The magnetic flux density B (or, colloquially, magnetic field) is connected to the magnetic stimulus H through permeability, comprised of the constants µ0 and material-specific relative permeability µr.

In everyday life, the magnitude of the magnetic flux density ranges from the strength of the earth’s magnetic field with 20-70 µT to magnetic resonance scanners with 7T.4,5

Diamagnetic materials form a field that opposes the external stimulus. This is because the moving electrons in the material are deflected by the external field, causing the buildup of a field that opposes the external field. This opposition occurs when the relative permeability is less than 1.

The diamagnetic effect is subtle, disappears when the external field is removed, and is often overshadowed by paramagnetic or ferromagnetic effects. One example is the levitation of pyrolytic graphite above permanent magnets.

For paramagnetic materials, microscopic dipoles align in the external magnetic field, intensifying the field in the material. Paramagnetic materials are drawn into the field when µr > 1. On removing the external field, the effect also disappears.

Ferromagnetic materials act similarly to paramagnetic ones but with a notable difference: after removing the external field, they retain a “remnant polarization,” generating their magnetic field. These materials can exhibit a high relative permeability (µr >> 1), reaching values up to 106.

Forces observed in ferromagnetic materials surpass those found in diamagnetic and paramagnetic ones and are particularly evident in neodymium iron boron permanent magnets, showcasing a strong magnetic interaction.

Therefore, in positioning systems that are not meant to influence the magnetic field, only diamagnetic and paramagnetic materials should be used. In other words, materials with a relative permeability of approximately 1.

Using such materials ensures minimal influence from internal magnetic fields on external applications or positioning systems. Therefore, avoiding (strong) ferromagnetic materials in non-magnetic applications is advisable if possible.

2.2 Selecting Materials – Typically Used Materials for (Non) Magnetic Applications

When selecting materials for (non)magnetic applications, understanding their relative permeability is crucial in establishing a magnetic field-insensitive system. Commonly, plastics and ceramics exhibit diamagnetic properties, while metals may display paramagnetic or ferromagnetic traits.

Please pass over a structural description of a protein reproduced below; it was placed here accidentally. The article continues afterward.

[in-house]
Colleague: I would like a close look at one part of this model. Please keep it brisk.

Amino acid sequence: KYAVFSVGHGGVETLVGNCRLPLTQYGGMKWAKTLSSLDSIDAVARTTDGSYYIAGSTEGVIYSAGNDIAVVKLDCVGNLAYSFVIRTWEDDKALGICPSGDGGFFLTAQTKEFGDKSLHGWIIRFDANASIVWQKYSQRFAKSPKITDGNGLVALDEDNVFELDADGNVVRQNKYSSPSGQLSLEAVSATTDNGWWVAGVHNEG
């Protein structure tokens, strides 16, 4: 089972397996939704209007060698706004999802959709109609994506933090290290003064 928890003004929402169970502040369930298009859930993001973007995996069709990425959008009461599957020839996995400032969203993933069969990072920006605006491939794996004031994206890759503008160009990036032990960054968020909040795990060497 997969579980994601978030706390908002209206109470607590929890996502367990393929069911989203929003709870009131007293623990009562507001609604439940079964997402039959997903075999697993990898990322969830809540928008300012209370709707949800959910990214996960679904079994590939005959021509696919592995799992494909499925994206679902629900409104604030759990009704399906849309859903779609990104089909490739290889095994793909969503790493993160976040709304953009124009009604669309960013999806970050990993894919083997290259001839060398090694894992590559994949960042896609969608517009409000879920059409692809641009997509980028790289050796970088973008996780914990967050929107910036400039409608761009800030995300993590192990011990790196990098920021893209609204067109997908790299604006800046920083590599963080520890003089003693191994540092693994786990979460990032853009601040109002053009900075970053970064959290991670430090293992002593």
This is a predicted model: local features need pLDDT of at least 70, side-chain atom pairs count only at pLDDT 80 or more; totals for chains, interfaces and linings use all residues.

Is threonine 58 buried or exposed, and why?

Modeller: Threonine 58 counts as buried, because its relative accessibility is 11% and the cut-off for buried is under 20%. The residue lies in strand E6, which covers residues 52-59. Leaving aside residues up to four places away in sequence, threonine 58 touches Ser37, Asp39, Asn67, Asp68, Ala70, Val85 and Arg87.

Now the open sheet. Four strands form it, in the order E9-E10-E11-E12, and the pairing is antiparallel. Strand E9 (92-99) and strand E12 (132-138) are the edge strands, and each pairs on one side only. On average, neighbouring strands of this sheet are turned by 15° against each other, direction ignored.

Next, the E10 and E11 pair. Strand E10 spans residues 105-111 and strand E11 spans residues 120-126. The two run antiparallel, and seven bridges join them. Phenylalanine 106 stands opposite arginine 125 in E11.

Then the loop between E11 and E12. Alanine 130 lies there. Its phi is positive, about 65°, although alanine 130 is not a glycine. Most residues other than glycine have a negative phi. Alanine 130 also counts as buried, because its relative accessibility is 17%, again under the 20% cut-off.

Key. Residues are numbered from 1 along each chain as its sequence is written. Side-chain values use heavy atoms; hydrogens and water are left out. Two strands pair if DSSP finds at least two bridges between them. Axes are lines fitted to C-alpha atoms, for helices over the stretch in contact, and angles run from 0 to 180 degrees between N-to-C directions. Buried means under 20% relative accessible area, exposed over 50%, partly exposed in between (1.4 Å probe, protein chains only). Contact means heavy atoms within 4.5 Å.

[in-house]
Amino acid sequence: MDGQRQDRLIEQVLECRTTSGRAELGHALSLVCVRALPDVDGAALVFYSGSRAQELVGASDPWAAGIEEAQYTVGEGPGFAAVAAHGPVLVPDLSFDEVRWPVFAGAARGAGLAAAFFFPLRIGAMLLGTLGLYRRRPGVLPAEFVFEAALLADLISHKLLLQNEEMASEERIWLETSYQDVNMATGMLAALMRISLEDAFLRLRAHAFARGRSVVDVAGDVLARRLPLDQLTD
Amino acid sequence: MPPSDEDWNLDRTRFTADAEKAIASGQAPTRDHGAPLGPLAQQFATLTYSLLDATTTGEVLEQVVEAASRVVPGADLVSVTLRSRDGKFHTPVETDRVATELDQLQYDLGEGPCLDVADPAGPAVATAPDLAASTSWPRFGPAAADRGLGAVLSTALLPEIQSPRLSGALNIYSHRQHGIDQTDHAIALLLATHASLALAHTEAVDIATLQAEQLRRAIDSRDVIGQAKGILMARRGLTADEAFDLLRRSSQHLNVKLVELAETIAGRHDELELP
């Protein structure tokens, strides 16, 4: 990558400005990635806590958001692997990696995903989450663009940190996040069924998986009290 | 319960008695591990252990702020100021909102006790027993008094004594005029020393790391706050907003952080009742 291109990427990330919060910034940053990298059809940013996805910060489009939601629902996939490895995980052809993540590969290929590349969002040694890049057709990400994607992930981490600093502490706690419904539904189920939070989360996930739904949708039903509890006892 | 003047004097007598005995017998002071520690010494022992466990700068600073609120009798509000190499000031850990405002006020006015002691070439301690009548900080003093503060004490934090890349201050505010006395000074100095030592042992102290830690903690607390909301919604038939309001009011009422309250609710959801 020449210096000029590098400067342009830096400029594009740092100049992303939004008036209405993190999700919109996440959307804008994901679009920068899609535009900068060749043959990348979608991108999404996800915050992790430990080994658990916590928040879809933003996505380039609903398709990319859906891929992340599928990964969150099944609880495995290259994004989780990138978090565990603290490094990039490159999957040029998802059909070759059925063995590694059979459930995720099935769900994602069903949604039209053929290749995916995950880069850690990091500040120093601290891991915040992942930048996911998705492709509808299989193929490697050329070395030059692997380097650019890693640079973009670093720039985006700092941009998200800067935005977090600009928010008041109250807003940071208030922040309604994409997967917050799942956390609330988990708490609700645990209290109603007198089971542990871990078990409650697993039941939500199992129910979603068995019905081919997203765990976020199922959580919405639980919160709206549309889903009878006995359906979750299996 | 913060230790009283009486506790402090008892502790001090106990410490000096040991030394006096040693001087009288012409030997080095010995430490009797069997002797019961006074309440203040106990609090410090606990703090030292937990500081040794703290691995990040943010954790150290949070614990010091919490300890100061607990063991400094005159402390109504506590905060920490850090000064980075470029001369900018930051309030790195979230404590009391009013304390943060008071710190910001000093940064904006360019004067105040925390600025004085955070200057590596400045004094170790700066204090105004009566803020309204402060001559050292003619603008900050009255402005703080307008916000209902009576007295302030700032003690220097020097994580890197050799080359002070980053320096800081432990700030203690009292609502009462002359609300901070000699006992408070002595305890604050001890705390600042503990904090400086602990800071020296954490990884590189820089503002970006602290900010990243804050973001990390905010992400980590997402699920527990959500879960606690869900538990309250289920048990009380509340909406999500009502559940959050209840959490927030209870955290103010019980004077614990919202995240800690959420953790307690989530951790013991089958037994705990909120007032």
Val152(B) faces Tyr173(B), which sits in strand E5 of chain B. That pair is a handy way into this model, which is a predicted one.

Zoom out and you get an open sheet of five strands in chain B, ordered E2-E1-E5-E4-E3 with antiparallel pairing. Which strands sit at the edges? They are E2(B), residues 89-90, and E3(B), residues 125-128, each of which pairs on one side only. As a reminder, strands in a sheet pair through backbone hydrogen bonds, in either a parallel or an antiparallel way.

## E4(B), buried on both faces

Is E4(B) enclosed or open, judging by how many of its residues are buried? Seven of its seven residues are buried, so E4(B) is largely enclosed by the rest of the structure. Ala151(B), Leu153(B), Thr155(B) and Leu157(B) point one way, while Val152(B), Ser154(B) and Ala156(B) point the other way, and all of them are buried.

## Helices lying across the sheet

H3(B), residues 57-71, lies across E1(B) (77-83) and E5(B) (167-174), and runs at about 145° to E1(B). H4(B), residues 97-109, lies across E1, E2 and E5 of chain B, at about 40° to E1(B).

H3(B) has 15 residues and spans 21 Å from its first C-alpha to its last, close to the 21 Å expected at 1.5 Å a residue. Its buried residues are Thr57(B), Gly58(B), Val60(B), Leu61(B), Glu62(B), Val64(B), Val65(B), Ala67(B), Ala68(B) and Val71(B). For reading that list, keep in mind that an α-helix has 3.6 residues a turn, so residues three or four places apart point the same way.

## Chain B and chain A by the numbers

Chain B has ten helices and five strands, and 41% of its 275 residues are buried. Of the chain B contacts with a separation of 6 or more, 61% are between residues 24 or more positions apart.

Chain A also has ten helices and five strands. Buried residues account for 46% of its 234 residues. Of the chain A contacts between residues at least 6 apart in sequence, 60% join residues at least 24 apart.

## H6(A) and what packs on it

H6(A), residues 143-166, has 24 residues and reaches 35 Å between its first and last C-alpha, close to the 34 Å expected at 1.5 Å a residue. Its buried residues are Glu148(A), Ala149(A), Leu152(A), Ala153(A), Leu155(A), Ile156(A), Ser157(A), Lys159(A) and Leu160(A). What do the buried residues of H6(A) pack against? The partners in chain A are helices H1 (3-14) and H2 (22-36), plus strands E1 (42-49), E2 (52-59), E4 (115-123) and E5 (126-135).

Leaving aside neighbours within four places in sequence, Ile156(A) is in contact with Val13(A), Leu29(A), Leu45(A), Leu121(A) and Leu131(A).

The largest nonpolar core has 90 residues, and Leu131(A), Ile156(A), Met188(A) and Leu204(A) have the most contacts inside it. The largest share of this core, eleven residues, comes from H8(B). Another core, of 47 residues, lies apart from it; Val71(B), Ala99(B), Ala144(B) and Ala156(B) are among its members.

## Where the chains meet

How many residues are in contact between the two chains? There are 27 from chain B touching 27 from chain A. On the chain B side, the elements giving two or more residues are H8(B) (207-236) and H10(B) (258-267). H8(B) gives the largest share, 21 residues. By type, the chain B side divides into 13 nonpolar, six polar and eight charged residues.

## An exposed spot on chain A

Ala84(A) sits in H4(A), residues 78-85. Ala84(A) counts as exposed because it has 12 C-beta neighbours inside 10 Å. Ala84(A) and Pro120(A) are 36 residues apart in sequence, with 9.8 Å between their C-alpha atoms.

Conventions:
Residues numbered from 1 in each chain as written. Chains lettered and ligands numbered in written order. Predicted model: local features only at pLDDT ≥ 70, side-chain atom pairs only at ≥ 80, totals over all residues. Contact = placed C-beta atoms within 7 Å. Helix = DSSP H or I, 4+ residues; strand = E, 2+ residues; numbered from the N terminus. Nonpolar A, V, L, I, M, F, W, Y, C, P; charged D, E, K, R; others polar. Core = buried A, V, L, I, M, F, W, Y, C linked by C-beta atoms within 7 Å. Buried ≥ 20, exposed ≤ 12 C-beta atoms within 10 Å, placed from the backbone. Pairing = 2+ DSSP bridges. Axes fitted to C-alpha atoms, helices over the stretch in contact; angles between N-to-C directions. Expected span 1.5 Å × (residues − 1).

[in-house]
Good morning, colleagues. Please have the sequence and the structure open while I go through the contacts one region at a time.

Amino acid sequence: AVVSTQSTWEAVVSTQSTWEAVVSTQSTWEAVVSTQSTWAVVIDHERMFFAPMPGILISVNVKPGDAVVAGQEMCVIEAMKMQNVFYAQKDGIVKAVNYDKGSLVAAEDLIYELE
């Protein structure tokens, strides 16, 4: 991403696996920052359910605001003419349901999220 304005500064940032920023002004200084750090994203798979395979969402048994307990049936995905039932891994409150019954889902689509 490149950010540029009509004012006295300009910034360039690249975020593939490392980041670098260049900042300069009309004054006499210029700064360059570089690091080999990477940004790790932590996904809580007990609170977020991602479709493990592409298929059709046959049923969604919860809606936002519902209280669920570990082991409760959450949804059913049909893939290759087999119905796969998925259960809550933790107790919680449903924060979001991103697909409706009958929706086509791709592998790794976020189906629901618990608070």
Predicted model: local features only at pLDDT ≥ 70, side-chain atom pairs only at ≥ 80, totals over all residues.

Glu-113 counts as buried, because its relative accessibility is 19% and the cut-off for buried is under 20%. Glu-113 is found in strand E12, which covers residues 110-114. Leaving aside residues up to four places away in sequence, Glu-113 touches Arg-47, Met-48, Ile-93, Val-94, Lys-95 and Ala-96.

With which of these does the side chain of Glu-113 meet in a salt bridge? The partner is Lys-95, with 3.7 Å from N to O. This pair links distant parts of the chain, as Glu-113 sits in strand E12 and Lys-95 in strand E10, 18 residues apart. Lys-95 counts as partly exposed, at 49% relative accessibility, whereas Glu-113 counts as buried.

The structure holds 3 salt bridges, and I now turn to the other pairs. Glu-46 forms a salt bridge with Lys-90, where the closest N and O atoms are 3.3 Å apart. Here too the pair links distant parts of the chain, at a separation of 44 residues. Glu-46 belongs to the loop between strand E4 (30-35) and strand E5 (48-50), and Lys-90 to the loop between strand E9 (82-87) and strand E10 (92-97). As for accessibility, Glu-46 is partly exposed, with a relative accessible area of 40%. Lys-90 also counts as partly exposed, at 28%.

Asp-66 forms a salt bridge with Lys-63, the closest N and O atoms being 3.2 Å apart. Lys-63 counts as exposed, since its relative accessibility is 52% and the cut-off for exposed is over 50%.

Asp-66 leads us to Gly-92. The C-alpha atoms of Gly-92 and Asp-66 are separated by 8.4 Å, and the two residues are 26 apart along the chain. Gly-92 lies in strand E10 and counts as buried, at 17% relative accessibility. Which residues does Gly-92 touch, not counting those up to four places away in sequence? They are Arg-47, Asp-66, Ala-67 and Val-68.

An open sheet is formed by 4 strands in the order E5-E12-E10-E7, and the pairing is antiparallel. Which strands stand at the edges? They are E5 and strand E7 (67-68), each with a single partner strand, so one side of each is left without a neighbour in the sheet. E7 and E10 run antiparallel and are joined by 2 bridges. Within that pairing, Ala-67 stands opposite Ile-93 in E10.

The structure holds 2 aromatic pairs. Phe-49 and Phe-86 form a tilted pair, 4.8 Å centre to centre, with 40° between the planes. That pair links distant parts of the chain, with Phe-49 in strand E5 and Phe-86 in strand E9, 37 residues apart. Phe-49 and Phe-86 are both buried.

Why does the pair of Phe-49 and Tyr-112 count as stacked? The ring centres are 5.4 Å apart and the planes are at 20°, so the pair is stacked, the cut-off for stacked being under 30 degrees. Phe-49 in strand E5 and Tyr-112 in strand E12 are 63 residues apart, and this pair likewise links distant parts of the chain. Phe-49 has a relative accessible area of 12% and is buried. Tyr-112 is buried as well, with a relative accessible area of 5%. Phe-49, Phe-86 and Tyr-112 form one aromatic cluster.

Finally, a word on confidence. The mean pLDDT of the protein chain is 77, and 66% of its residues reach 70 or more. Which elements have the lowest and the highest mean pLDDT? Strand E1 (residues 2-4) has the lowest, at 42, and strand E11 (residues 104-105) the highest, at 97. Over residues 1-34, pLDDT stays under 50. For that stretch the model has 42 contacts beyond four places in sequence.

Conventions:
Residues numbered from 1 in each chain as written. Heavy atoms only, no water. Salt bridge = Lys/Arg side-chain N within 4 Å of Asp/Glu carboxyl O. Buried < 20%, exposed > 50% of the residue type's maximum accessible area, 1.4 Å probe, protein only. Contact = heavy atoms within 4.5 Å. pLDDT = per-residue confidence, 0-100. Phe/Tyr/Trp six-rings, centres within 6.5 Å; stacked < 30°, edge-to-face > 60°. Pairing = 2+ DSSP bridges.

The table below showcases materials suitable for non-magnetic setups, such as those involving the PILine® drive.

Table 1. Material values for relative permeability µr. Source: PI (Physik Instrumente) LP

Material µr for Source
Air 1.00000036 N/A [2]
Aluminum 1.000021 7 T Calculated from [6]
Copper 0.9999904 7 T Calculated from [6]
CuBe2 1.00002 N/A [7]
CuSn6 0.99999912 - 1.000062
(0 – 0.09 % Fe)
N/A Calculated from [8]
Gold 0.999966 7 T Calculated from [6]
Silver 0.999976 N/A Calculated from [9]
96/4 SnAg 1.00000060 7 T Calculated from [6]
Titanium (Grade 1) 1.000178 N/A [10]
TiAl6V4 (Grade 5) 1.00005 N/A [10]
Tungsten 1.000070 N/A Calculated from [9]
Al2O3 0.999986 7 T Calculated from [6]
PZT 0.9999942 9.4 T Calculated from [11]
Si3N4 0.999986 7 T Calculated from [6]
SiC 0.999988 N/A Calculated from [9]
ZrO2 0.9999915 N/A Calculated from [9]
FR4 PCB 0.9999963 9.4 T Calculated from [11]
Kapton 0.9999911 9.4 T Calculated from [11]
PA6 natural 0.9999905 9.4 T Calculated from [11]
PEEK 0.9999907 9.4 T Calculated from [11]
PPS 0.9999908 7 T Calculated from [6]
PTFE (Teflon) 0.999990 9.4 T Calculated from [11]
PVC, grey 0.999989 9.4 T Calculated from [11]


During cold forming, austenitic corrosion-resistant steels undergo a transformation, resulting in the formation of friction or deformation martensite. This process changes the material’s magnetic properties, significantly increasing its μr from a low value in its original state to a much higher one.

For instance, 1.4305 is a material that clearly demonstrates this behavior, with its relative permeability ranging between 1.05 and 3.42, contingent upon the extent of deformation.

This factor necessitates careful consideration, especially when employing austenitic corrosion-resistant standard parts where information regarding the level of cold deformation is often unavailable.

Table 2. Material values for the relative permeability µr for different degrees of deformation of 1.4305. Source: PI (Physik Instrumente) LP

Degree of Deformation µr for Source
 0% 1.003 N/A [12]
10% 1.050 N/A [12]
20% 1.620 N/A [12]
30% 3.420 N/A [12]


3. Tests and Measurement of Precision Rotation Stages in Magnetic Fields13

The Research Center Jülich (Forschungszentrum Jülich) has been using rotation stages equipped with PILine® piezo motors for high magnetic field applications.